Do Insects Get Cancer? (Also, can they get drunk??)

Insects are often seen to be far more perseverant than human beings. After all, they form the largest biomass of terrestrial animals on earth.

And who has not heard the cliche of a post-apocalyptic world devoid of life except for cockroaches? But, however easily they are able to adapt to new environments and survive environmental catastrophes, what about insect life and illness?  

Do insects get cancer? Yes, since they are multicellular organisms, insects can get cancer. They are even often used in research about and studies with cancer cells. Nevertheless, in comparison to other animals, it is quite rare to simply happen upon an insect that has died or suffered severely from cancer.  

A reason why it is so rare to come across insects with cancer is their comparatively short life span. Cancer takes time to grow and develop, and insects simply mostly do not live long enough to develop cancer before they reach the end of their natural life – which, in extreme cases as that of a mayfly, might be even less than 24 hours – or die of other causes like being devoured by birds or fish.

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This does not mean, of course, that no insects die of illness at all. Malaria, for example, is an illness that is spread by mosquitoes that are infected with a fungus, and for most of these mosquitoes, this fungal infection is the cause of death. 

Some people still think that the size of an animal is the most significant factor in its chance of developing cancer. When it comes to human beings or dogs, for example, larger ones are slightly more susceptible to cancer. This principle does not prove true in general, though, and, some small animals like mice are extremely cancer-prone, whereas larger animals like elephants and whales rarely suffer from cancer. 

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Can Insects Get Drunk? 

Yes, they can, and often even actively seek out this state. Aside from consuming fermented fruits, they get at the alcohol by, for example, drinking what is left over in beer cans or bottles that have been thrown away. Entomologists who want to catch insects often trap them with offerings of beer or wine!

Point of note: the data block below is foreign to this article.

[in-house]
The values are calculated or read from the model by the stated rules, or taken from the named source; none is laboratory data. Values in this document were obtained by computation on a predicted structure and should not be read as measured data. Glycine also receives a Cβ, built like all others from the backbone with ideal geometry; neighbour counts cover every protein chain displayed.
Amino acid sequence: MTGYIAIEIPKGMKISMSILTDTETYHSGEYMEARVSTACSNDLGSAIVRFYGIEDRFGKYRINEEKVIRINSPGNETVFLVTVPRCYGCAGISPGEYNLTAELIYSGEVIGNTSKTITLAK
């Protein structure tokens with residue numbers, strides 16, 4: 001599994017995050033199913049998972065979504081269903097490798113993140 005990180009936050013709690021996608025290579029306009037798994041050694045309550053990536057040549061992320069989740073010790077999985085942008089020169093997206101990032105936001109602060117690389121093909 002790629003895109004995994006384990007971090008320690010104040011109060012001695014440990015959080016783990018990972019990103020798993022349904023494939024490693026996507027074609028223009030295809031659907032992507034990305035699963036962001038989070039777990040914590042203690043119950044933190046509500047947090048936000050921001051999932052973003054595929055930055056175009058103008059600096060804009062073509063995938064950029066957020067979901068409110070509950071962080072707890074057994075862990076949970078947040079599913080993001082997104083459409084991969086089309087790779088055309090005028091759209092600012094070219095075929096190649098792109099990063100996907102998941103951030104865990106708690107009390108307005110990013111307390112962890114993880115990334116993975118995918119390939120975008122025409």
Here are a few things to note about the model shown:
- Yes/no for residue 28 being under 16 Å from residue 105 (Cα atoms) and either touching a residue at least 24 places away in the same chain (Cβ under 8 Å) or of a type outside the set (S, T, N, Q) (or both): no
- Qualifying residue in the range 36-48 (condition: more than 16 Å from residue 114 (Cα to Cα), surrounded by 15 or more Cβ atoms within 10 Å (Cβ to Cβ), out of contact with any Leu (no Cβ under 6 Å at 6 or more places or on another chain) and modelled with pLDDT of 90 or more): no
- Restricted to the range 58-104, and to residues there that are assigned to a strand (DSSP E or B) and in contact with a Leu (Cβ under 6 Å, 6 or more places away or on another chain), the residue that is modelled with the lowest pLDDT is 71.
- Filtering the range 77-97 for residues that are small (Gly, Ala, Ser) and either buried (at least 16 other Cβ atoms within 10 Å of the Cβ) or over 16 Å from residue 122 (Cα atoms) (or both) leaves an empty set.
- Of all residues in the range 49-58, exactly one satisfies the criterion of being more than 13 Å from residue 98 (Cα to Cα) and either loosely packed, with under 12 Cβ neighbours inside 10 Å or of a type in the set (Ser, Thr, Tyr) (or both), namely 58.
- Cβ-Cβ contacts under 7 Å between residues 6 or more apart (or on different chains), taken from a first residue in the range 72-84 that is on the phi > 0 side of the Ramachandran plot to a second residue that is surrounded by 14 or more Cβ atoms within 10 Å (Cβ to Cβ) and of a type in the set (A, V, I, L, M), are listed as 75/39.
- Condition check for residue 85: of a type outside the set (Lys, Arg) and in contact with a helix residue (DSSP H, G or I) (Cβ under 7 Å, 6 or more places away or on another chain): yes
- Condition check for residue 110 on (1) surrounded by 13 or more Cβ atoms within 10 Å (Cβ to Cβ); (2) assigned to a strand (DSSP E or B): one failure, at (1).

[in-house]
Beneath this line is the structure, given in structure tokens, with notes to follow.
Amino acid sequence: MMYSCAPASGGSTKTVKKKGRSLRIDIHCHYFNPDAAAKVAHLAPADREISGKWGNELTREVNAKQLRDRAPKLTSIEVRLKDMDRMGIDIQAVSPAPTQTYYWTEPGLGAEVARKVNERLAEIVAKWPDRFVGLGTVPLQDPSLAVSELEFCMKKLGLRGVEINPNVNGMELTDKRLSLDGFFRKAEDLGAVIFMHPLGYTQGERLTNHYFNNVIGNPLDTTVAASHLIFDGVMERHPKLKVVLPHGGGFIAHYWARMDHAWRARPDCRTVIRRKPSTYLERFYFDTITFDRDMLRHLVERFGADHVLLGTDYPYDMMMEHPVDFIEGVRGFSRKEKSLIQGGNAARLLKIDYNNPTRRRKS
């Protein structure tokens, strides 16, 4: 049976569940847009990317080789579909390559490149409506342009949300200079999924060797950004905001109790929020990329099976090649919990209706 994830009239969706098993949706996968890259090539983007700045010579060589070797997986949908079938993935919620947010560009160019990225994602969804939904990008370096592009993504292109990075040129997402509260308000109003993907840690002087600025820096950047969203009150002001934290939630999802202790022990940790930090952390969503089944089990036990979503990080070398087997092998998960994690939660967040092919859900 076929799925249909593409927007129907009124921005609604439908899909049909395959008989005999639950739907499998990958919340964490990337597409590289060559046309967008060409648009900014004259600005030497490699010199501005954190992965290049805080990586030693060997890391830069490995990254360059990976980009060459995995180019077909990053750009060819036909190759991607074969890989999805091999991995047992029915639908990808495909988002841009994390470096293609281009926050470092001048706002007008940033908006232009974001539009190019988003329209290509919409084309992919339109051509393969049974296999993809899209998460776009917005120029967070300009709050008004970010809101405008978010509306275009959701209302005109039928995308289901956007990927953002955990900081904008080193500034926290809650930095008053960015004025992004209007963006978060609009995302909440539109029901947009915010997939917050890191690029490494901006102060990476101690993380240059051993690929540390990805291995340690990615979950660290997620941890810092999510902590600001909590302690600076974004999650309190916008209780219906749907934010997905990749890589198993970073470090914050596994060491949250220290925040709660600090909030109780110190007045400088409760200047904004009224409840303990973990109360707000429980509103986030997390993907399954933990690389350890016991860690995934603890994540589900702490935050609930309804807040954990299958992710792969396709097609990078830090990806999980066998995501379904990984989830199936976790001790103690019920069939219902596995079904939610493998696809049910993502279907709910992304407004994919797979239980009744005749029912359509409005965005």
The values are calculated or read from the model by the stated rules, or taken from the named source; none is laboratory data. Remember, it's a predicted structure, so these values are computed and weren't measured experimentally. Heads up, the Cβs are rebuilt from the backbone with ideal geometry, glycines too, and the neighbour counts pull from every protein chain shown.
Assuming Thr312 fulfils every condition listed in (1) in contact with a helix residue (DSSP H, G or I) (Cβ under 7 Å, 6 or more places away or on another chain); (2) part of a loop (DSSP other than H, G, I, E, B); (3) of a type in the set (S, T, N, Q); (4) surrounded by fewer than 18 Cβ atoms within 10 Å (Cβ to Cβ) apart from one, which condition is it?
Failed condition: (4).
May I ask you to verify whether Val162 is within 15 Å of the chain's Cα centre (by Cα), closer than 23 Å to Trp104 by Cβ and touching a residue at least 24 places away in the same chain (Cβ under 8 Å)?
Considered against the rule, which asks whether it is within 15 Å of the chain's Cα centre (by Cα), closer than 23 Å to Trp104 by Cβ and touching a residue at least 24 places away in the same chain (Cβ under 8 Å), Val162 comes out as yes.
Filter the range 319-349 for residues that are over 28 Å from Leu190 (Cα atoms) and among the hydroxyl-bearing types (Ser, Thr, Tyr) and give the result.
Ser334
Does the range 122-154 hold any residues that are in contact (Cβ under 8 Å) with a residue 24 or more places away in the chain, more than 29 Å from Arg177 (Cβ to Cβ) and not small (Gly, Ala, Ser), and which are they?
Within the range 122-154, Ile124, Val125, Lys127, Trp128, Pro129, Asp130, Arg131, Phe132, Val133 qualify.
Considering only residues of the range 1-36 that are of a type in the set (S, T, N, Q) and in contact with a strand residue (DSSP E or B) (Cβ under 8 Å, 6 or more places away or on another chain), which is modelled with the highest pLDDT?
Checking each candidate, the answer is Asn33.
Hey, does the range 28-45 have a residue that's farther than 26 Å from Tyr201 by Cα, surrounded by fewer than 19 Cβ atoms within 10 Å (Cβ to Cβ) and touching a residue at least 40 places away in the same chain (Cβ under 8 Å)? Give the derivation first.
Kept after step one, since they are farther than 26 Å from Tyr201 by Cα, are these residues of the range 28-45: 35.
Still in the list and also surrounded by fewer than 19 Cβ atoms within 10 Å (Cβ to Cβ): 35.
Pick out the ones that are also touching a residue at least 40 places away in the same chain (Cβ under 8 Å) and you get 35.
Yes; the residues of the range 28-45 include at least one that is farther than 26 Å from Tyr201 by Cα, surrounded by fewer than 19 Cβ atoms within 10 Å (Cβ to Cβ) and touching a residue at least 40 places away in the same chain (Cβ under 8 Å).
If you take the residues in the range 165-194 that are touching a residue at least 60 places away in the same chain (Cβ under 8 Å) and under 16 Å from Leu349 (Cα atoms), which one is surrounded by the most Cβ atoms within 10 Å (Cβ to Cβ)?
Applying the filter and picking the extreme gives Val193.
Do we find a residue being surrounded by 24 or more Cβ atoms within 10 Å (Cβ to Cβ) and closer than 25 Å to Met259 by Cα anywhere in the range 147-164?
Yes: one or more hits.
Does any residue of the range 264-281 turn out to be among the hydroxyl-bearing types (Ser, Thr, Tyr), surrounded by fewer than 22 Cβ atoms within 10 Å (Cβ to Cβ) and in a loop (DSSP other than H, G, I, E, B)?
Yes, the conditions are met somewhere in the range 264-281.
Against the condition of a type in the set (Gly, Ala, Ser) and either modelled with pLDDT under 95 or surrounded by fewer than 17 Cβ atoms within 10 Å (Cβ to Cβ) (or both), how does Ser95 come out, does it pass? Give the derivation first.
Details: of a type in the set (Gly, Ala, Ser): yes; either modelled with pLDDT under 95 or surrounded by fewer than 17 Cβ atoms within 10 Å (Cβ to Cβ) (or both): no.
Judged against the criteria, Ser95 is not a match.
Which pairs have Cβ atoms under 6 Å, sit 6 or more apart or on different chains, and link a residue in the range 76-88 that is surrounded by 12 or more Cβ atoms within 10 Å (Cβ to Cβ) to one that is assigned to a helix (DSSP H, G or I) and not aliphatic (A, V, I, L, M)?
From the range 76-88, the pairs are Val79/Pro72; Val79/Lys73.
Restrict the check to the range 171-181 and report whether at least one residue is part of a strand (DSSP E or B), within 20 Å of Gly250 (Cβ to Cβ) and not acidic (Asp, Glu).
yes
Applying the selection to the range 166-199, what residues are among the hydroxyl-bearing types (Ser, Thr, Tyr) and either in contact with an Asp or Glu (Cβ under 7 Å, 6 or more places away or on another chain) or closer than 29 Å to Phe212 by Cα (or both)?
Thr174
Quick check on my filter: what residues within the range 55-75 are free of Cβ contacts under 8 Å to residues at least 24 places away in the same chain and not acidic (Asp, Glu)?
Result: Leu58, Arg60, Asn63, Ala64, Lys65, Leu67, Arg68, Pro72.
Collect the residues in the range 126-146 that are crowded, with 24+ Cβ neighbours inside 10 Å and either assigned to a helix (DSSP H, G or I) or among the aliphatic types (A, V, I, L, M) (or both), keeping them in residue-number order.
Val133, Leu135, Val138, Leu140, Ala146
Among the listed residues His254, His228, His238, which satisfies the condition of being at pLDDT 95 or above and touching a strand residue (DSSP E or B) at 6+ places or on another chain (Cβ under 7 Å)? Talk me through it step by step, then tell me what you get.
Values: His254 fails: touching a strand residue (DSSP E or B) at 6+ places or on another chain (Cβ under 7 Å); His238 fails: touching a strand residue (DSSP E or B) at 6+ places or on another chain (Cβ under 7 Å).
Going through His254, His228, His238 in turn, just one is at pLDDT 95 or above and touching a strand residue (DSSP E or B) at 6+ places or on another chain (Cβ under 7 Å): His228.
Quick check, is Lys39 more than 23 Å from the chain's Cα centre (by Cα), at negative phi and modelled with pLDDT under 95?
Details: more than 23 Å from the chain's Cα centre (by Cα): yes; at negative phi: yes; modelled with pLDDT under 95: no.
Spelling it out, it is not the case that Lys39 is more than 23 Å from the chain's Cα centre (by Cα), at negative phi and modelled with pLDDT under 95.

study from 2012 found that male fruit flies are more attracted to alcohol when they have been sexually rejected. Not only do flies use alcohol as a sort of comfort, like humans often do, when they are drunk they even behave similarly to drunk humans – after an initial phase of being hyperactive, they get first disoriented, then uncoordinated, and finally pass out. The stages of inebriation are thus basically the same, no matter the size of the consumer. 

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Can All Animals Get Cancer? 

Most people are aware that when they smoke close to their pets like cats and dogs, the secondhand smoke will increase the animals’ risk of lung cancer. But with animals outside of those accompanying them as pets, most people are not as aware of the topic of cancer in animals.  

In general, every cell of an organism has the chance of becoming cancerous, and it follows, that all living organisms are theoretically susceptible to the evolution of cancer cells. Some animals, though, are especially good at the suppression of cancer and only get cancer very rarely or not at all. Only 5% of elephants, for example, die from cancer!

A reason for this was discovered in 2015 when researchers found that an elephant’s DNA contains a lot of copies of a cancer-fighting gene. Even less prone to cancer are bowhead whales, which initially seems counterintuitive. Not only are they bigger than most other animals, and thus contain more cells that could potentially develop cancer, they also live for over 200 years, which should give cancerous growths a lot of time to develop.

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The reason is, again, found in the genome, which, in the case of the bowhead whale, contains mutations that prevent the DNA from being damaged. 

Rodents, like mice, are generally quite prone to cancer, but there is one notable exception: the naked mole-rat has not yet been observed to develop a tumor! The reason for this is that naked mole rats produce a lot of high-molecular-mass hyaluronans. This molecule, researchers speculate, has originally evolved to lend these rodents a higher skin elasticity necessary for squeezing through their small underground tunnels, but it has the positive side-effect of leading to a higher resistance to cancer. 

Research with animals like these that are close to immune to cancer helps scientists to find and develop methods of fighting cancer in humans, too.